While not as directly profitable as a healthcare brand using social media, such procedures can generate excitement for the hospital or medical organization, especially when they look to raise money during fundraising campaigns or attract new patients.

Ever wonder how to do language detection?

A core function that any text analytics package needs is to do language detection. By language detection, we refer to the following problem:

“Given an arbitrary piece of text of arbitrary length, determine in which language the text was written.”

Might sound simple for a human, assuming you know a thing or two about languages, but we’re talking about computers here. How does one automate this process? Before I dive into the solution, if you want to see this in the wild, go to translate.google.com and check out how Google does it. As soon as you start typing, Google guesses which language you’re typing in. How does it know?

The first thing you’ll need is a large corpus (read: millions of words) in the languages you’re interested in detecting. Now, the words can’t just be random, they should be structured sentences. There are many sources for this, but the easiest is probably Wikipedia. You can download the entire Wikipedia corpus in the language of your choosing. Might take a while, but it’s worth it because the more text you have, the higher the accuracy you’ll achieve.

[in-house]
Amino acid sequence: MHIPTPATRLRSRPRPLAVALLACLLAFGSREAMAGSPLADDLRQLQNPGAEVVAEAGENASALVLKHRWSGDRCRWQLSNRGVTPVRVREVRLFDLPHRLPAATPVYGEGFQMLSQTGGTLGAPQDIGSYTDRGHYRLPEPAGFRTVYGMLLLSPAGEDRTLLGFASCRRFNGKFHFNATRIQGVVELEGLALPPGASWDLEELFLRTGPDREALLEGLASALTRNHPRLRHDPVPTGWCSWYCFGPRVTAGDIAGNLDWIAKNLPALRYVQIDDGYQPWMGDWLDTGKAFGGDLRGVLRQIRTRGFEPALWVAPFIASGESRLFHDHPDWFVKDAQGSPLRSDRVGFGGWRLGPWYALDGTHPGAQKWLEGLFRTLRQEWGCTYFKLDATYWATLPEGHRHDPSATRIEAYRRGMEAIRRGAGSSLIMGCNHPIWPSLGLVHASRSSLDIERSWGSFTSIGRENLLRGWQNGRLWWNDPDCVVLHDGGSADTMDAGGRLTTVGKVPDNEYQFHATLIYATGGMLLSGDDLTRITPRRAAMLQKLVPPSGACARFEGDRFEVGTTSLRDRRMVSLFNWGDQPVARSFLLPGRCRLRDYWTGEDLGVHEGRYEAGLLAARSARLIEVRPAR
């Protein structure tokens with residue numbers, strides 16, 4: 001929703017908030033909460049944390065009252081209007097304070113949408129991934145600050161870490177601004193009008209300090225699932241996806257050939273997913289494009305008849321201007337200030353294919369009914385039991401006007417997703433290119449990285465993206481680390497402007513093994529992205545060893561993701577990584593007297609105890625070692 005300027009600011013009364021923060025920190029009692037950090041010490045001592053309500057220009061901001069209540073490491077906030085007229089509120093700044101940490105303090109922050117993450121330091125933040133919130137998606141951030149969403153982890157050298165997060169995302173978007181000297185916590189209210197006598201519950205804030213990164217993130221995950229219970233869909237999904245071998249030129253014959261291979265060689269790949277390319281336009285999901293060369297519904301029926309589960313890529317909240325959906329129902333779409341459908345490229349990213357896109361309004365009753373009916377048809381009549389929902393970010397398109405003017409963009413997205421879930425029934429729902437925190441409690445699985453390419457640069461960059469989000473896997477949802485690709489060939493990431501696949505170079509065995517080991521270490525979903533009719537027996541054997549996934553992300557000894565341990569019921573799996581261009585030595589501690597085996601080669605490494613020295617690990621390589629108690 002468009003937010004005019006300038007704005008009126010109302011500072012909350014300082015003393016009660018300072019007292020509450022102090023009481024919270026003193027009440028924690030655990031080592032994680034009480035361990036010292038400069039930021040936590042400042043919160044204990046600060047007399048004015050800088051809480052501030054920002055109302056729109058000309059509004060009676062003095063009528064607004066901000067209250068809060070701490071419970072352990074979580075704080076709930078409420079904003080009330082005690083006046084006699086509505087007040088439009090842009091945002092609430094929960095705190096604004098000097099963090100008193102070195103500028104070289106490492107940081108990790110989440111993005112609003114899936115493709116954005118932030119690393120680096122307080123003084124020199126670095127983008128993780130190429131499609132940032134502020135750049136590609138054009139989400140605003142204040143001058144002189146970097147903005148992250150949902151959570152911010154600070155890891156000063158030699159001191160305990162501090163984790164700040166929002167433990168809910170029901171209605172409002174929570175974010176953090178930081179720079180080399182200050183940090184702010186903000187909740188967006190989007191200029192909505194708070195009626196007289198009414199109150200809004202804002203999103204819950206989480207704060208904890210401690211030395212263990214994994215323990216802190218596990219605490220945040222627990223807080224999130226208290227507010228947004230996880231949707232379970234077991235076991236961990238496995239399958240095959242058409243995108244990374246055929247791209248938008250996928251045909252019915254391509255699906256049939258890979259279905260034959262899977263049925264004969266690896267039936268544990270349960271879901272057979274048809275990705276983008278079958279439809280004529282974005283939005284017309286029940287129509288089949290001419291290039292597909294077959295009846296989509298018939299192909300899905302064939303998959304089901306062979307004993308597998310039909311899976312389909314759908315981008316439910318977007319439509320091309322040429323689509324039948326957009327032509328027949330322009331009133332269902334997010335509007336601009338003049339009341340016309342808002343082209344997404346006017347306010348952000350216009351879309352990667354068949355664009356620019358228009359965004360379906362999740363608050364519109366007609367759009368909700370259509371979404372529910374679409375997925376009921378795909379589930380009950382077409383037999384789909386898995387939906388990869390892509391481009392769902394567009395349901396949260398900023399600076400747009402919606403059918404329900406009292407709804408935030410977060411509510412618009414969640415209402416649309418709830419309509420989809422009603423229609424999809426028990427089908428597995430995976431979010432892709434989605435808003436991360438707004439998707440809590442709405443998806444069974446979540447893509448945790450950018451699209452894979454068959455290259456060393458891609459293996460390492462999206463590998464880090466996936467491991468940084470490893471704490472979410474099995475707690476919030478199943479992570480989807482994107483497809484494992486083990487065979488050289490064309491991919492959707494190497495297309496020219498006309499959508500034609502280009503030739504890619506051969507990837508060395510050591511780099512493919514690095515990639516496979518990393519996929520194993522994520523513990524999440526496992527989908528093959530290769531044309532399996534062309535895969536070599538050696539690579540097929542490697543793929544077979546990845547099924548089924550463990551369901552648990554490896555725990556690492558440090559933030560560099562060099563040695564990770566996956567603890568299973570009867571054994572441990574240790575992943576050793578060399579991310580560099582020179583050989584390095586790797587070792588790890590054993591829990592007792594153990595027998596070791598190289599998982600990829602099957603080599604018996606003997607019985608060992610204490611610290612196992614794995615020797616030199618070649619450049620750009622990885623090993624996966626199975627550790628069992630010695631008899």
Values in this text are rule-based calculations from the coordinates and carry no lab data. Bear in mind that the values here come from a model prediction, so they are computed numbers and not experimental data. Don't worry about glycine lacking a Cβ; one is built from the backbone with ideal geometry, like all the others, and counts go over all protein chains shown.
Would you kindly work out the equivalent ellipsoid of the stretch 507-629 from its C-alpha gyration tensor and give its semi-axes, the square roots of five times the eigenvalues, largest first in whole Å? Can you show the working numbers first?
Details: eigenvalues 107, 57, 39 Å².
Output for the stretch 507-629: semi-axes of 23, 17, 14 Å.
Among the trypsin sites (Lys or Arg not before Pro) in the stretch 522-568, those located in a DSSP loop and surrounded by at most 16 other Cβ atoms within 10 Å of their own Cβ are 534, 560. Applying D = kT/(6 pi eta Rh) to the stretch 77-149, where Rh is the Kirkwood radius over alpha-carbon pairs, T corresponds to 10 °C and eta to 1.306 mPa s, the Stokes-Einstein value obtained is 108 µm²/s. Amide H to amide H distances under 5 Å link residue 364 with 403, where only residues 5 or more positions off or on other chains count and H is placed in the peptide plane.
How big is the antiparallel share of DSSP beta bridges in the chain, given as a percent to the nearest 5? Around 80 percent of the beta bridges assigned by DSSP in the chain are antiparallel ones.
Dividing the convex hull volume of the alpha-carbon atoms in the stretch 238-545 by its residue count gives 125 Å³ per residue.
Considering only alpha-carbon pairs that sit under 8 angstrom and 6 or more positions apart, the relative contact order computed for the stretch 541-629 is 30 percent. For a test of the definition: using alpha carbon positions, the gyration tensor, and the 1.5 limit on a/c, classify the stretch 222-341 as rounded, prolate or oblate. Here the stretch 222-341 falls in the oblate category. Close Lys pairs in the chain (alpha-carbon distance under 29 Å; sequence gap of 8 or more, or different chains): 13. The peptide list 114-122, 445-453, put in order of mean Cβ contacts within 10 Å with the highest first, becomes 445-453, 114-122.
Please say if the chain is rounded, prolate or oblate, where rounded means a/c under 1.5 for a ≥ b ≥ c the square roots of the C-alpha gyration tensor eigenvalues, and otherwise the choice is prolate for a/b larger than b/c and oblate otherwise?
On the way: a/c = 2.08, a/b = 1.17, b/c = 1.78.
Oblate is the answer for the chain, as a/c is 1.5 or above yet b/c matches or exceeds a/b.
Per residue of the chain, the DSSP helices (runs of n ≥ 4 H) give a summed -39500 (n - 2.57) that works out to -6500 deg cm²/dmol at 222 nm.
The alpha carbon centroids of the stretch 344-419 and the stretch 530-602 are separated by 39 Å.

Next step is to generate n-grams over this corpus. An n-gram is a phrase or collection of words “n” long. So a unigram (1-gram) is one word. A bi-gram (or 2-gram) is two words, a tri-gram is three words etc. You probably only need to generate all n-grams where n <= 3. Anything more will probably be overkill. How do you generate n-grams? Well, using the Repustate API of course. There are other n-gram generators on the internet, just google around. The benefit of using Repustate’s is that ours is blazingly fast, even when you take into account the network latency. Now as you generate n-grams, you need to store them in a set-like structure. We want a set rather than a list because sets only store unique items and they are much faster for lookups than lists.

I recommend using a bloom filter to store the n-grams. Bloom filters are awesome data structures, learn to use them and love them. OK, all of our n-grams (there will be millions of them per language) are stored in a bloom filter, one filter for each language.